“I wouldn’t want elections to be a second fiddle,” Provenza said.

An alternative plan that was floated — and that is used in some other counties — would keep the registrar of voters separate, run by an appointed department head. But that has drawbacks as well, Provenza said.

“Having that person be independent is really important,” he said. “I think it’s important that there not be the perception that either the board or (county administrator’s office) have influence over the elections office.”

Currently, 26 counties in California have a combined assessor/recorder office and 16 of those counties have added the clerk duties as well. Eight have added the registrar of voters, according to county staff.

Counties that have consolidated report saving money and improving customer service.

Santa Barbara County, for example, initially saved $182,000 by eliminating management positions, offset by $28,000 in increased salaries and management restructuring. At the same time, the county reduced the lag time between property transfer and appraisal by two weeks, staff reported.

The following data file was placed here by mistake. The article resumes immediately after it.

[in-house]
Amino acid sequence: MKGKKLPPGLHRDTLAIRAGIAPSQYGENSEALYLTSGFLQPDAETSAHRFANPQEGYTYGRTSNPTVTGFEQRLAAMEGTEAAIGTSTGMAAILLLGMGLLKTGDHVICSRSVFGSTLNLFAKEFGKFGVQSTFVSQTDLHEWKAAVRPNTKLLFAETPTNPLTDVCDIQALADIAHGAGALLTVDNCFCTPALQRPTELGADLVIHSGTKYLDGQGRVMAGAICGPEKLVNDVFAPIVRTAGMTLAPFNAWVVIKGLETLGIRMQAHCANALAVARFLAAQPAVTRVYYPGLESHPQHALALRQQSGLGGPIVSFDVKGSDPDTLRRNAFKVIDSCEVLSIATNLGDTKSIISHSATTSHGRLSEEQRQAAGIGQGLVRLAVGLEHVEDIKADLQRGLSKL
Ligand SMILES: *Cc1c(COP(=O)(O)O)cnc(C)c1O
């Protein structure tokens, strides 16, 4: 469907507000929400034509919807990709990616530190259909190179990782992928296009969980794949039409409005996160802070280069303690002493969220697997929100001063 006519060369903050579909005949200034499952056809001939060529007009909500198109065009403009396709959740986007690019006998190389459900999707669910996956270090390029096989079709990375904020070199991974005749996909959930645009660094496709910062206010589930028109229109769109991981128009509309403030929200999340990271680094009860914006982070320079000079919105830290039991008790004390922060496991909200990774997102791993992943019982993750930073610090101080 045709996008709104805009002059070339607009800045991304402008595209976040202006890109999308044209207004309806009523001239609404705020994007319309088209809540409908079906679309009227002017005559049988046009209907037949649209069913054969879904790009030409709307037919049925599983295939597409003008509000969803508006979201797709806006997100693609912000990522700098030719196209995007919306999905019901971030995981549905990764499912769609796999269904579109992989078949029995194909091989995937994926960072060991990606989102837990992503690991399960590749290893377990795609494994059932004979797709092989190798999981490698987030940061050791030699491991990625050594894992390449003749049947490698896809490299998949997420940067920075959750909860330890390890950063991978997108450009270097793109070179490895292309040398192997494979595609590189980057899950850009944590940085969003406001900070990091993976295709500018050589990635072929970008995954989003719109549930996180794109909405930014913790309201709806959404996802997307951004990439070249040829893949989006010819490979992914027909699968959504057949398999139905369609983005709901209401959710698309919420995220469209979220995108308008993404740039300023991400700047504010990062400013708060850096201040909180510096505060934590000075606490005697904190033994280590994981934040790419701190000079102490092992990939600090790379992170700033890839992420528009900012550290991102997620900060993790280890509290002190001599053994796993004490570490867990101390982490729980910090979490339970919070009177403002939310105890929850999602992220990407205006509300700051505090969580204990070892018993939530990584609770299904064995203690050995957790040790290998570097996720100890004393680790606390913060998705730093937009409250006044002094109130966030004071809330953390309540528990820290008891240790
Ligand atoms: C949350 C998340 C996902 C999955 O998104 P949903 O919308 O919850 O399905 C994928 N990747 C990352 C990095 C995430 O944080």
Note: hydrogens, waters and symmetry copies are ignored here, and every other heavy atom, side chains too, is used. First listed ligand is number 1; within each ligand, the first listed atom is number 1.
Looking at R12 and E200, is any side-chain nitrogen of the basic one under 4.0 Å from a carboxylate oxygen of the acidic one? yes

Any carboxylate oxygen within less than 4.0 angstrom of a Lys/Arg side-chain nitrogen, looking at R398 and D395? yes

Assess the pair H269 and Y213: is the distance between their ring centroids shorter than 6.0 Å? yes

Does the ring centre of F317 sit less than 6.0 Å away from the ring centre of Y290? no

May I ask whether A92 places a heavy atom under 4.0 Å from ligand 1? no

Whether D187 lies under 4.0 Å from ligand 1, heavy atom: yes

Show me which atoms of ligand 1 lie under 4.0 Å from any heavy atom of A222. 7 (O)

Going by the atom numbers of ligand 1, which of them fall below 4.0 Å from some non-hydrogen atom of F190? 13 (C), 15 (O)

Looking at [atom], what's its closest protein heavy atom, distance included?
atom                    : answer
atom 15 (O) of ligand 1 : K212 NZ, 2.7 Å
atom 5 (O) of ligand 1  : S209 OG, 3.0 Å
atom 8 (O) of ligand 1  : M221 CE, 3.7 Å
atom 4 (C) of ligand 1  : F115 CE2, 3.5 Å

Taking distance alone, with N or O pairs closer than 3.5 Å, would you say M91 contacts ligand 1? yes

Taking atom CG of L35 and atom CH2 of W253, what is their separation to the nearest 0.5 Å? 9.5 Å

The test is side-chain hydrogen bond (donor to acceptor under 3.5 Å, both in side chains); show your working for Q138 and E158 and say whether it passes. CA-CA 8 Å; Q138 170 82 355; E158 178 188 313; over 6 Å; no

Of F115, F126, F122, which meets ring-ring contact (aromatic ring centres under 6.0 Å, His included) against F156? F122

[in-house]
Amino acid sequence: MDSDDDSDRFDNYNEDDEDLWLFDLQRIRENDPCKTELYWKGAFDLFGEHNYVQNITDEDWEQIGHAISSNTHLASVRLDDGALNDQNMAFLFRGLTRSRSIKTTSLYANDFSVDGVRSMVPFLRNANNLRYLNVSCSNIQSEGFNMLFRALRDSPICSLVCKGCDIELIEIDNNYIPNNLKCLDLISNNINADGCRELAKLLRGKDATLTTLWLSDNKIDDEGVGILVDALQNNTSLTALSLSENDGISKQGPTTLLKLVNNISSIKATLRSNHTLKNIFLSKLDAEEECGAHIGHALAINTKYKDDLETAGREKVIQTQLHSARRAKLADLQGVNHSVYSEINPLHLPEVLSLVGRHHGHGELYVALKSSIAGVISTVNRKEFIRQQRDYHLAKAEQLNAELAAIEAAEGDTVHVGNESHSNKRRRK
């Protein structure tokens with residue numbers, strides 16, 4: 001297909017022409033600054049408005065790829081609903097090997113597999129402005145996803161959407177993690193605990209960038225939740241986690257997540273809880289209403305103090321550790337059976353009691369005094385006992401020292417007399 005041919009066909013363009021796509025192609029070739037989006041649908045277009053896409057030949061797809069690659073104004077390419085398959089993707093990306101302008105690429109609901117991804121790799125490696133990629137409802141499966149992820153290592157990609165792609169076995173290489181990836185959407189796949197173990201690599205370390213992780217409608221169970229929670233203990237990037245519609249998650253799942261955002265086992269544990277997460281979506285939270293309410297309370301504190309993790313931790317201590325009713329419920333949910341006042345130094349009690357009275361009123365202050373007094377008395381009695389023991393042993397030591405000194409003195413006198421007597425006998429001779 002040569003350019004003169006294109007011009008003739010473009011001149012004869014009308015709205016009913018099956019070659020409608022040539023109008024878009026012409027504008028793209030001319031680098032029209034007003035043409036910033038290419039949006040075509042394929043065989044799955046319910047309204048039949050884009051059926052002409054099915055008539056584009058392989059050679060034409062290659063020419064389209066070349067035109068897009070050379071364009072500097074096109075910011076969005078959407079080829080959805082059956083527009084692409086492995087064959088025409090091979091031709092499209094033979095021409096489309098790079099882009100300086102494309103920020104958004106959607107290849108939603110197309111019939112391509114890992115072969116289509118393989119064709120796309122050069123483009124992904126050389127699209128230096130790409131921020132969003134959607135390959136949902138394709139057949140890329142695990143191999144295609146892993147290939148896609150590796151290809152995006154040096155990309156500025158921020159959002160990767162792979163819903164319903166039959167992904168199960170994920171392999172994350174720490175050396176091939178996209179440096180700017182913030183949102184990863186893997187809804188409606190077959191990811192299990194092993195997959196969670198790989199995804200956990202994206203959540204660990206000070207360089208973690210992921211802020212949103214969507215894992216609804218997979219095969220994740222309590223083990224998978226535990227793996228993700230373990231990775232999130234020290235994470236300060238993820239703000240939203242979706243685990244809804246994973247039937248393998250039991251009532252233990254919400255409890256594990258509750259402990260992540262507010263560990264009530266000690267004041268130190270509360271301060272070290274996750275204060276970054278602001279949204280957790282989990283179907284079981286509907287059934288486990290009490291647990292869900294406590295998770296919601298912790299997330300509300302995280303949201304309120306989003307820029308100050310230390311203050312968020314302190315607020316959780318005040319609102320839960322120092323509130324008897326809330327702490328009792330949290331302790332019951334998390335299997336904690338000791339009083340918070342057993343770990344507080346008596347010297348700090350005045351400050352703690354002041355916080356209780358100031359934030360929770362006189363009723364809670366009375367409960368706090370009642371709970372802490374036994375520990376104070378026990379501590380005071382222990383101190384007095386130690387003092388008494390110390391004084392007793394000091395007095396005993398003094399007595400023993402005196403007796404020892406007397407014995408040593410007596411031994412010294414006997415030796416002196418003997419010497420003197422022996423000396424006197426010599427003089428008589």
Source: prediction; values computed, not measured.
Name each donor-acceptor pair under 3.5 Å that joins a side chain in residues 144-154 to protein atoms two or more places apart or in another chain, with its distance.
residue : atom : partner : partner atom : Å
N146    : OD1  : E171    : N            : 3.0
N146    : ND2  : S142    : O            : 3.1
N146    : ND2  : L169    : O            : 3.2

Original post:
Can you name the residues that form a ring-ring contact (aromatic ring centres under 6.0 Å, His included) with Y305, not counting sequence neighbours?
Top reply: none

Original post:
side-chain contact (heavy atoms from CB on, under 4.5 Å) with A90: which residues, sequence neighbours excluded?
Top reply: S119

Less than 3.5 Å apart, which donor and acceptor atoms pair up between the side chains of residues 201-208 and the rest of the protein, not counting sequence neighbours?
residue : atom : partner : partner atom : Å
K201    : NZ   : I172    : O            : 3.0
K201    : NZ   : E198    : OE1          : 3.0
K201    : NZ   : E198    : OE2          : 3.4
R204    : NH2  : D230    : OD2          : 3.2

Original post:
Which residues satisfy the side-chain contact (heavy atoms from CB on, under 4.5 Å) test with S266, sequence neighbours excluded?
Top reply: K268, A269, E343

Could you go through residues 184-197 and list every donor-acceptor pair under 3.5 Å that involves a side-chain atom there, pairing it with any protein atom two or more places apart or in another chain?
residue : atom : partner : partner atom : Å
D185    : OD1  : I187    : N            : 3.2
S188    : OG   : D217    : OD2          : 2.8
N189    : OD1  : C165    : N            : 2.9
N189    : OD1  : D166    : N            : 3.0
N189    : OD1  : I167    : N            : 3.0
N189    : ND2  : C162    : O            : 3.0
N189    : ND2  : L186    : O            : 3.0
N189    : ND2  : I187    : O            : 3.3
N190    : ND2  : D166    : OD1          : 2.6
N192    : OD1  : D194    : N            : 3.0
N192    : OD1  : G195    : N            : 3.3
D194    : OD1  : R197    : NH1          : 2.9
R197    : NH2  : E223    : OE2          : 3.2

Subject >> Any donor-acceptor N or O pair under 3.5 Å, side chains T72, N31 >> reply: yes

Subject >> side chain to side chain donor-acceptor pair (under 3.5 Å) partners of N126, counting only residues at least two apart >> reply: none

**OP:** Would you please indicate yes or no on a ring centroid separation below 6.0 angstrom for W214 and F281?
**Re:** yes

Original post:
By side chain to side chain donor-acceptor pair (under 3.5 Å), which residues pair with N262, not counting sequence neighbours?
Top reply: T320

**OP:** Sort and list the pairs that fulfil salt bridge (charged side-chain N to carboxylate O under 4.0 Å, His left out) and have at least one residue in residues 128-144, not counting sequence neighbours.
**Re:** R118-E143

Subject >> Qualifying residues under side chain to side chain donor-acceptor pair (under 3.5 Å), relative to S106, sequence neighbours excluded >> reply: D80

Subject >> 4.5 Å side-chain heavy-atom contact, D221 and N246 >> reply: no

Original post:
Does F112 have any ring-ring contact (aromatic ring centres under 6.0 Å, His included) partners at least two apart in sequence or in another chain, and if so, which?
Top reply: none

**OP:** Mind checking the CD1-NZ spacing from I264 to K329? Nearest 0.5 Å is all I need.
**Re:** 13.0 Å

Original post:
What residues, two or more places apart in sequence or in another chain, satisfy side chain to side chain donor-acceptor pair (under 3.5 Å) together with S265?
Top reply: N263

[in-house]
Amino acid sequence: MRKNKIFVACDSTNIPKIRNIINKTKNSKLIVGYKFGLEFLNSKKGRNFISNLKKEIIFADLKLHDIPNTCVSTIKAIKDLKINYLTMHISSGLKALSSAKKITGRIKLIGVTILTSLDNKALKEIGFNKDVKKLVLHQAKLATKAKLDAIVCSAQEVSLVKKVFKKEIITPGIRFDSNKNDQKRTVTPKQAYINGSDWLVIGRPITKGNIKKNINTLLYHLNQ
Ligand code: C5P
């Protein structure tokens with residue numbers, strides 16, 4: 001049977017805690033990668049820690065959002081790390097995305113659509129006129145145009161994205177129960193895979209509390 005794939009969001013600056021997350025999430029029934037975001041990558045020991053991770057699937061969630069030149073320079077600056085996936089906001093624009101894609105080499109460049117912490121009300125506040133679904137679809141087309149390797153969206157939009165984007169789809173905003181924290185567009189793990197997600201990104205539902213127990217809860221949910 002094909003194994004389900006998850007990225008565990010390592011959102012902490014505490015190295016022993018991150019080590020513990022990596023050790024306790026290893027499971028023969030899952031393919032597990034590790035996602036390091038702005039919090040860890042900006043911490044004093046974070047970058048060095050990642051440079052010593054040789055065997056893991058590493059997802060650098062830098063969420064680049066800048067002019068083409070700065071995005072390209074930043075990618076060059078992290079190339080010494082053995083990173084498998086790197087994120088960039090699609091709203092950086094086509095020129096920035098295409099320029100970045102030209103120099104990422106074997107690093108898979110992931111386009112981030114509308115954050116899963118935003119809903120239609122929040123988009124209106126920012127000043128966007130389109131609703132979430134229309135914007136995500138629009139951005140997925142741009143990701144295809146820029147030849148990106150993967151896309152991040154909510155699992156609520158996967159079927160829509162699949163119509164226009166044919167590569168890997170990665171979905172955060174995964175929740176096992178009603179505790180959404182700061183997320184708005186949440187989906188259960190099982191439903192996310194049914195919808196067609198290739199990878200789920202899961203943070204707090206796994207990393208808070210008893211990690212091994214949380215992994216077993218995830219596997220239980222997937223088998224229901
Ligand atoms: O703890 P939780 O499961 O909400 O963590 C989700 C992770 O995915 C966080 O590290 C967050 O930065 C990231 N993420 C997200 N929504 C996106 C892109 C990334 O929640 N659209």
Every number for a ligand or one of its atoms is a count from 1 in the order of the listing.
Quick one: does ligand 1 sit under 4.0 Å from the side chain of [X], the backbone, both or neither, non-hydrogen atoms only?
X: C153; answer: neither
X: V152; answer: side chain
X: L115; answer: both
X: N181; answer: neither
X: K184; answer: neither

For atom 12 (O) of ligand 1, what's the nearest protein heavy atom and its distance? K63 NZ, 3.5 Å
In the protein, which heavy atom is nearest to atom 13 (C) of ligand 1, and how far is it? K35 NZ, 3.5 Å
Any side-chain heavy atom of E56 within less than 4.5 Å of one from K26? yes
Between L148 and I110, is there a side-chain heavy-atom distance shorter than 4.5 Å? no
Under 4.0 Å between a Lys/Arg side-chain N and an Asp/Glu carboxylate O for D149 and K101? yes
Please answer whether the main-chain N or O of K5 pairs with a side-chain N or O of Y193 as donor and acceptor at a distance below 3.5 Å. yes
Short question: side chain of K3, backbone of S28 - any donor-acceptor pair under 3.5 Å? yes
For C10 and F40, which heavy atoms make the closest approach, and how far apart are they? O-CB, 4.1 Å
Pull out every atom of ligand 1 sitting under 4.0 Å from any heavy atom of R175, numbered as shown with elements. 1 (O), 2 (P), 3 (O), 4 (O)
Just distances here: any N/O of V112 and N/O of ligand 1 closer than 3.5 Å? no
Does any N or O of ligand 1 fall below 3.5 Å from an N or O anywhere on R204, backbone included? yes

Yolo County’s savings would depend on how salaries are structured, staff said, but would save a portion of the current clerk/recorder salary of $116,066.

Supervisors are expected to vote on a Yolo County consolidation at their next board meeting on Nov. 5. As currently written, the ordinance would combine the assessor, recorder and clerk — including the registrar of voters — into one elected office.

Current office-holders Assessor Joel Butler and Clerk/Recorder Freddie Oakley will be up for re-election in June and their terms expire at the end of 2014.

Oakley said last month that she will seek re-election whether the offices are consolidated or not; Butler said he had not decided whether he would run again, and the consolidation proposal “could have an impact on that decision.”